Seven of Italy’s leading experts on natural disasters have been sentenced to six years each in prison for giving “false assurances” before the 2009 L’Aquila earthquake which killed more than 300 people.
This is a shocking development. It is impossible for me to delve into what the scientists did or did not say to the authorities and the public before the earthquake, or to critique the facts, theories and assumptions on which they based any views they may have expressed. But sending scientists to prison for being wrong, especially when the error is apparent only in hindsight, will have a chilling effect on the willingness of scientists and other experts to advise public authorities.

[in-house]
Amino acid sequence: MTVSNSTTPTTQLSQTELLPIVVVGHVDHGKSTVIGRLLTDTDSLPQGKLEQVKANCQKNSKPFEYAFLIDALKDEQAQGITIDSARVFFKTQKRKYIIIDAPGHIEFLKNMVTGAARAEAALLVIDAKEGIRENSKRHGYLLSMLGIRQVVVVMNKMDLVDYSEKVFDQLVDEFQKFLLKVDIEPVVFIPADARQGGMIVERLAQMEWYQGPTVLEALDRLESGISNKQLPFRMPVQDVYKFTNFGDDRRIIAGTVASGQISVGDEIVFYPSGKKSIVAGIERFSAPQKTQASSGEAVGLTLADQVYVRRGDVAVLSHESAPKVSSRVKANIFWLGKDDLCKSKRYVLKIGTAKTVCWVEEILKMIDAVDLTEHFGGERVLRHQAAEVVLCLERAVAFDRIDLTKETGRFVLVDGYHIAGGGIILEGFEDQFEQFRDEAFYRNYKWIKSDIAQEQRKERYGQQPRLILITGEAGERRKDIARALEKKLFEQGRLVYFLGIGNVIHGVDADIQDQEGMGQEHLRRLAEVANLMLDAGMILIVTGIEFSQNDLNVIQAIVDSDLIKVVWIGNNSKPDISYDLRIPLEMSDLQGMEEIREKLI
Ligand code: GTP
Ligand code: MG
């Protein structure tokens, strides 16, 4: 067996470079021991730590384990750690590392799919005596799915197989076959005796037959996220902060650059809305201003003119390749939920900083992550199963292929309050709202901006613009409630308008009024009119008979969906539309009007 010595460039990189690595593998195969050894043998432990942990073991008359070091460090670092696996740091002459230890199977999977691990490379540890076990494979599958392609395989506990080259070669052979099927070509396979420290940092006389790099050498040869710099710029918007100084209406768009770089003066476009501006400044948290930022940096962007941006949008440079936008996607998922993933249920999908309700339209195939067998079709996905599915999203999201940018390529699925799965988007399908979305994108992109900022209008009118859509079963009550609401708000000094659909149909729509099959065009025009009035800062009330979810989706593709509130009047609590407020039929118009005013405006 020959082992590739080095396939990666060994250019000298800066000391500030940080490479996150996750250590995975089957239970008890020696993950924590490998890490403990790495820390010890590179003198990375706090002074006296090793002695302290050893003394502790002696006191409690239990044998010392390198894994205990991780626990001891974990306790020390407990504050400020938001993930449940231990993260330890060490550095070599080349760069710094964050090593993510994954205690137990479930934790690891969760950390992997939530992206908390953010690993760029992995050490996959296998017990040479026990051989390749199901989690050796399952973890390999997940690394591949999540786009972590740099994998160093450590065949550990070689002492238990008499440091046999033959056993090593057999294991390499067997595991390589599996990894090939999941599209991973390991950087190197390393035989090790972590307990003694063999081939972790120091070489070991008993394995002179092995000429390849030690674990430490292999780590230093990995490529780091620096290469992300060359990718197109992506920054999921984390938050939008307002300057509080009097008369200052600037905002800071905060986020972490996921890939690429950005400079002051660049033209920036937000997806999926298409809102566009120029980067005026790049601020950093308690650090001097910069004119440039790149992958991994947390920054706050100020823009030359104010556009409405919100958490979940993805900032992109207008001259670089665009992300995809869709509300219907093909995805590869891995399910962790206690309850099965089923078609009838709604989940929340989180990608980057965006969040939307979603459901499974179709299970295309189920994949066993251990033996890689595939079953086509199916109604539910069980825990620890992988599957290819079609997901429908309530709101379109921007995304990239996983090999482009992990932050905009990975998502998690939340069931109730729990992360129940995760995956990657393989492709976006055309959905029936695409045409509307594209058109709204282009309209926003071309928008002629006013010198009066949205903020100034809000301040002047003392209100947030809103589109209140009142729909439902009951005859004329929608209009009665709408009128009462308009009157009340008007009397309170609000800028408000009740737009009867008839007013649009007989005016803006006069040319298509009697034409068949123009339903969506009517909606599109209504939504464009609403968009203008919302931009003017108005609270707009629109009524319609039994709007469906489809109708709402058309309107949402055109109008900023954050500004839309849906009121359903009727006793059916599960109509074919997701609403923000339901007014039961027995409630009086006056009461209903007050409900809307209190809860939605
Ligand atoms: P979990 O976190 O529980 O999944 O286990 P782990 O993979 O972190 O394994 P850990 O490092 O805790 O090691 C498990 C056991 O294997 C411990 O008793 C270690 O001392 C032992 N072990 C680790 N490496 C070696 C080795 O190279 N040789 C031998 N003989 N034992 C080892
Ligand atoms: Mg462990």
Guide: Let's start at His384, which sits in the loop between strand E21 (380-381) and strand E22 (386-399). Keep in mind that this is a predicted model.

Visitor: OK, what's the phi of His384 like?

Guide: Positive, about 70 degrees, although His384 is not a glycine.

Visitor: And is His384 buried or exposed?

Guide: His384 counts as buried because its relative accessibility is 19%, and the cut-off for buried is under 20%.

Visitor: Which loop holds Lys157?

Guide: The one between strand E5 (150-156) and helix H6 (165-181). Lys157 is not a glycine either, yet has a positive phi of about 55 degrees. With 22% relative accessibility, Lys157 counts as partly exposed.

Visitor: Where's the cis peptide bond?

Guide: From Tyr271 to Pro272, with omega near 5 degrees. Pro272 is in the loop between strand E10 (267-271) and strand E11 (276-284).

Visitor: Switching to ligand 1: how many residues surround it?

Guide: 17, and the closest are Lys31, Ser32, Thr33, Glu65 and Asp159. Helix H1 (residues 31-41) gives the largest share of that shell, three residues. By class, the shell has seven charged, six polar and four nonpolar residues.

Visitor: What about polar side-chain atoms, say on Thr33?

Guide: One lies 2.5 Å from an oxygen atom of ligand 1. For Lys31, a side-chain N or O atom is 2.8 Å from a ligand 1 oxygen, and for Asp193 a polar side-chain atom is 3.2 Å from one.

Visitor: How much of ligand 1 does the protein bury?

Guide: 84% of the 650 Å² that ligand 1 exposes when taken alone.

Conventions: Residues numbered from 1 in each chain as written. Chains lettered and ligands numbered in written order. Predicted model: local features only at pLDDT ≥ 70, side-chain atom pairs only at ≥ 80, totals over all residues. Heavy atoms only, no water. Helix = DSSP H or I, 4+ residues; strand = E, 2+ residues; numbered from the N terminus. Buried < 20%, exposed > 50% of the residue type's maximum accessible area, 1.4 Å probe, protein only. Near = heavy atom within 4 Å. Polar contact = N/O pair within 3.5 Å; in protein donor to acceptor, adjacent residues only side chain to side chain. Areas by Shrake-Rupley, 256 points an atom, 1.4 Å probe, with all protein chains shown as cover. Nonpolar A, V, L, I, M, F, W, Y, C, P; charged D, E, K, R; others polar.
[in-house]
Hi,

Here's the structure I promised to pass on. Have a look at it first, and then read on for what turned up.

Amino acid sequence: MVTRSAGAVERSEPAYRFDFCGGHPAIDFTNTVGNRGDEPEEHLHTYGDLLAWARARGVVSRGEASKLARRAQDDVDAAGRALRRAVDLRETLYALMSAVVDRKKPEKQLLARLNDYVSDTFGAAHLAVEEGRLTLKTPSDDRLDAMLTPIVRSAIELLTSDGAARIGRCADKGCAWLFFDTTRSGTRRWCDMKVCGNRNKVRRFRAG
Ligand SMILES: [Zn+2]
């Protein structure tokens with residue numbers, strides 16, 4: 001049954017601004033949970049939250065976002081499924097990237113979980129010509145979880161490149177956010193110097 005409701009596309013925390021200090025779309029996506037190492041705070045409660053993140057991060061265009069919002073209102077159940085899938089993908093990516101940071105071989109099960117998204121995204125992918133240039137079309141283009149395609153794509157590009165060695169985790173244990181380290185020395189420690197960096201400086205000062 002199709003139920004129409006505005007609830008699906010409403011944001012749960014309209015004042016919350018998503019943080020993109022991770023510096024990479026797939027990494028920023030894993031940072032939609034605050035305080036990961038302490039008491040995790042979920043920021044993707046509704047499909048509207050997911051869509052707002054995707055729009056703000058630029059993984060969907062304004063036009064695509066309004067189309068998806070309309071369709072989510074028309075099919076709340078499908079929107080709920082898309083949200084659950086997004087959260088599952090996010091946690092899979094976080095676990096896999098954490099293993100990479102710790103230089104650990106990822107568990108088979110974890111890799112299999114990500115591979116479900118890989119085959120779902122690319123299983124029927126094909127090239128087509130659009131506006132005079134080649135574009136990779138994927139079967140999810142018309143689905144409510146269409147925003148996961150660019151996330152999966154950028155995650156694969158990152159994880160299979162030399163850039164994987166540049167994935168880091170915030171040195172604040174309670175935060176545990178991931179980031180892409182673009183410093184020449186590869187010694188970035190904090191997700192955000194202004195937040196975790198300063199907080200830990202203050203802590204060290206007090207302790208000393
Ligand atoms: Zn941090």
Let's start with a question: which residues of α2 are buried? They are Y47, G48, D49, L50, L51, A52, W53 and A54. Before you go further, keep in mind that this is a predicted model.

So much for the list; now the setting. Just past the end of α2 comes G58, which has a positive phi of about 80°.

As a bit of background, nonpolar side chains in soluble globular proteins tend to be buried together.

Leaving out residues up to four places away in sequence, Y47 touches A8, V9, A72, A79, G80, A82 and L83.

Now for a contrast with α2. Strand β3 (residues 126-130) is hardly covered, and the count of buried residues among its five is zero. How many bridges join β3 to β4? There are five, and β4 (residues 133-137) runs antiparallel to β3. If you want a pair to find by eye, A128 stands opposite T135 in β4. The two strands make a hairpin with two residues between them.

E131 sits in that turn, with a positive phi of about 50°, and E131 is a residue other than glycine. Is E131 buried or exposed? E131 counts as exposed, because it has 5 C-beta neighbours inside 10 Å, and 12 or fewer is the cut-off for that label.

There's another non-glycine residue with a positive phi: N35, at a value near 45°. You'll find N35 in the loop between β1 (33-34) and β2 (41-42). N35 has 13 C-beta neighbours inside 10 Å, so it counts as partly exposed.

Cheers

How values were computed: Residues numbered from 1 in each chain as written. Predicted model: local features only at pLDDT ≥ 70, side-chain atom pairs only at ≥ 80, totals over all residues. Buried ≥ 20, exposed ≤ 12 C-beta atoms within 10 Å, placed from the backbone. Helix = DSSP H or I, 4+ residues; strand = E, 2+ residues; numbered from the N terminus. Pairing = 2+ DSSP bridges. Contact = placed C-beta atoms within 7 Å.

Yes, other scientists may have publicly disagreed with these scientists and might now be in a position to say “I told you so”. But provided there was no malign or reckless intent, how can this be in the public interest? Attempts to predict outcomes from complex systems (meteorology, vulcanology, seismology for example) are rarely straight-forward and generally take the form of risk assessments, not certainties. Is there anywhere else in the world where scientists could be jailed under these circumstances, except in totalitarian states?